I join with you in wishing for the environs of Laura Place, but do not venture to expect it. My mother hankers after the Square dreadfully, and it is but natural to suppose that my uncle will take her part. It would be very pleasant to be near Sydney Gardens; we might go into the labyrinth every day.
Jane Austen to Cassandra
Wednesday, January 21, 1801
Sydney Gardens is the oldest park in the City of Bath. Planned and laid out by the architect Harcourt Masters in 1795, it quickly became a popular place to see and be seen by the ever arriving crowds of fashionable people freqenting the city. In 1909 the gardens were purchased by the city and in the same year a replica of the Temple of Minerva was built to commemorate the Bath Historical Pageant.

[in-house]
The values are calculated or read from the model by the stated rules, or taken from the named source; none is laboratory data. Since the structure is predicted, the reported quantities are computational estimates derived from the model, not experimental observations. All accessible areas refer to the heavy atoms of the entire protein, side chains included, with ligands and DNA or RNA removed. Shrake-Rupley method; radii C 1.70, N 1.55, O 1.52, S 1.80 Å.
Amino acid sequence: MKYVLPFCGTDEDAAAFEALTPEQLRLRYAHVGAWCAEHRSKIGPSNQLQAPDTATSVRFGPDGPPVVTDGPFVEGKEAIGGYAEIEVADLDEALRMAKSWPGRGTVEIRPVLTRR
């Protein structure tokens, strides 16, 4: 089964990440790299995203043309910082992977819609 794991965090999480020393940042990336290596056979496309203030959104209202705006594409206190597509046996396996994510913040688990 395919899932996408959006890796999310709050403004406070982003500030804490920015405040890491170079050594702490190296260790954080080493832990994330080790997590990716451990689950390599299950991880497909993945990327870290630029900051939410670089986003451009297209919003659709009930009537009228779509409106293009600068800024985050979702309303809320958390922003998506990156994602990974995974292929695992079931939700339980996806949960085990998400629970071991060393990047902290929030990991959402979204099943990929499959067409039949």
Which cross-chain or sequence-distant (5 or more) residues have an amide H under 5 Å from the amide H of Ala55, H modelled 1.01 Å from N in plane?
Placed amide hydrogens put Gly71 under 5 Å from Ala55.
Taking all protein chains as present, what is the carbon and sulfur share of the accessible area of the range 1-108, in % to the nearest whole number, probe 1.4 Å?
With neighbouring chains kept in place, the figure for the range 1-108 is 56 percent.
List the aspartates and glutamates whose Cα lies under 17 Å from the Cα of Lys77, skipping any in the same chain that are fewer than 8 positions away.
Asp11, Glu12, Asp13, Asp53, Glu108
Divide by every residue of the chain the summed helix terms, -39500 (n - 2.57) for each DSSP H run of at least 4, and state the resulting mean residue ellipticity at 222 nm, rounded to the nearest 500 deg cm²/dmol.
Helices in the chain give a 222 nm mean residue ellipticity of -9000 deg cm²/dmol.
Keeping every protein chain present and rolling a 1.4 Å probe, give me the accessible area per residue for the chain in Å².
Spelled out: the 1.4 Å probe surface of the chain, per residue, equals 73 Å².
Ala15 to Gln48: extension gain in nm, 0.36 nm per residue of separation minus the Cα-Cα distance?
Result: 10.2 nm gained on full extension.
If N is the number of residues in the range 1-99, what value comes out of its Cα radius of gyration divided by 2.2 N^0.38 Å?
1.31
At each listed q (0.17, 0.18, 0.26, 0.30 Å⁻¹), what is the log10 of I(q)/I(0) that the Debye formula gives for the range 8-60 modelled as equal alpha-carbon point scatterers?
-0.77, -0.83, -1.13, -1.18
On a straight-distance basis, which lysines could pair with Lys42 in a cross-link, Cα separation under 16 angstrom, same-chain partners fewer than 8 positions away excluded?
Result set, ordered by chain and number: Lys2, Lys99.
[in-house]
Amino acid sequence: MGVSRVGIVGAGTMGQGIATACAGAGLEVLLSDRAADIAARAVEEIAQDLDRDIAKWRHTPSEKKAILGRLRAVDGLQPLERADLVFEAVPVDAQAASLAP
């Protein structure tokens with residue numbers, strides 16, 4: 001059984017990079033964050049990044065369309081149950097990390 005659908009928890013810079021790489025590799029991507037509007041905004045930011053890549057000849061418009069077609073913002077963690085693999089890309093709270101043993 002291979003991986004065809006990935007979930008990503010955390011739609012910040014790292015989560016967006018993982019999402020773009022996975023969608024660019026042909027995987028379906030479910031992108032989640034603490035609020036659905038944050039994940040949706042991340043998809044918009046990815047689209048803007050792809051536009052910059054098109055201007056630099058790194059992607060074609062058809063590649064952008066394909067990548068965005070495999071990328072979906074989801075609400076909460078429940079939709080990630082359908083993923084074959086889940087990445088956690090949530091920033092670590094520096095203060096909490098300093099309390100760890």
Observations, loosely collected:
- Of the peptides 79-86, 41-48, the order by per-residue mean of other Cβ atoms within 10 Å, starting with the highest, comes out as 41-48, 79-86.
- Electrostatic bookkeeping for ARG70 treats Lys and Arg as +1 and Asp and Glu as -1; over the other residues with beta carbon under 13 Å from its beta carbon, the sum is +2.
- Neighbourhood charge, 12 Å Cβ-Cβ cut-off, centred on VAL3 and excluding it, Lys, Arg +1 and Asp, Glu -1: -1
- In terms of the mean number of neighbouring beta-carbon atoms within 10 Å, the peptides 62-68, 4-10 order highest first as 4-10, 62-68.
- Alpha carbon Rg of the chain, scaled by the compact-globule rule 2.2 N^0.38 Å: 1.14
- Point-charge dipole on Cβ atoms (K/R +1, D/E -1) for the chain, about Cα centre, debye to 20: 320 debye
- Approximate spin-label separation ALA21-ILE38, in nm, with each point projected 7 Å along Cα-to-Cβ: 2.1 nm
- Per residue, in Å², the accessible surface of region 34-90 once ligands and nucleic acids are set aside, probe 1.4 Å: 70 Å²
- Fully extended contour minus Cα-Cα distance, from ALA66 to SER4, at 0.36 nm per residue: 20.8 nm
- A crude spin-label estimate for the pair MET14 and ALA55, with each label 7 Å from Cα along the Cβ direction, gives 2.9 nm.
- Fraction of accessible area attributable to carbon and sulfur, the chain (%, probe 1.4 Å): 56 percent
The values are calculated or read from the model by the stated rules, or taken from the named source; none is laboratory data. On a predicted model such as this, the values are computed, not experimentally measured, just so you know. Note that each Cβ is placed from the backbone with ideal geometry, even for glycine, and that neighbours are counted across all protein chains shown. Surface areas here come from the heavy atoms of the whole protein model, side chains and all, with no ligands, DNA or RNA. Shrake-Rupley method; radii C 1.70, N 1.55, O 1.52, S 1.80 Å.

The Gardens were reached via the Sydney Hotel, in Sydney Place, at the end of Great Pultney Street. In 1801, the Austens, newly arrived in Bath, took lodgings at Number 4, Sydney Place, directly opposite the gardens. In describing their location to her sister, Jane Austen jokingly wrote, ‘There is a public breakfast in Sydney Gardens every morning, so we shall not be wholly starved.’ The public breakfast was only one of the many attractions the Gardens had to offer. Small orchestras performed on the balcony overlooking the grounds, and dining boxes, “a series of little shelters where private groups could take refreshments throughout the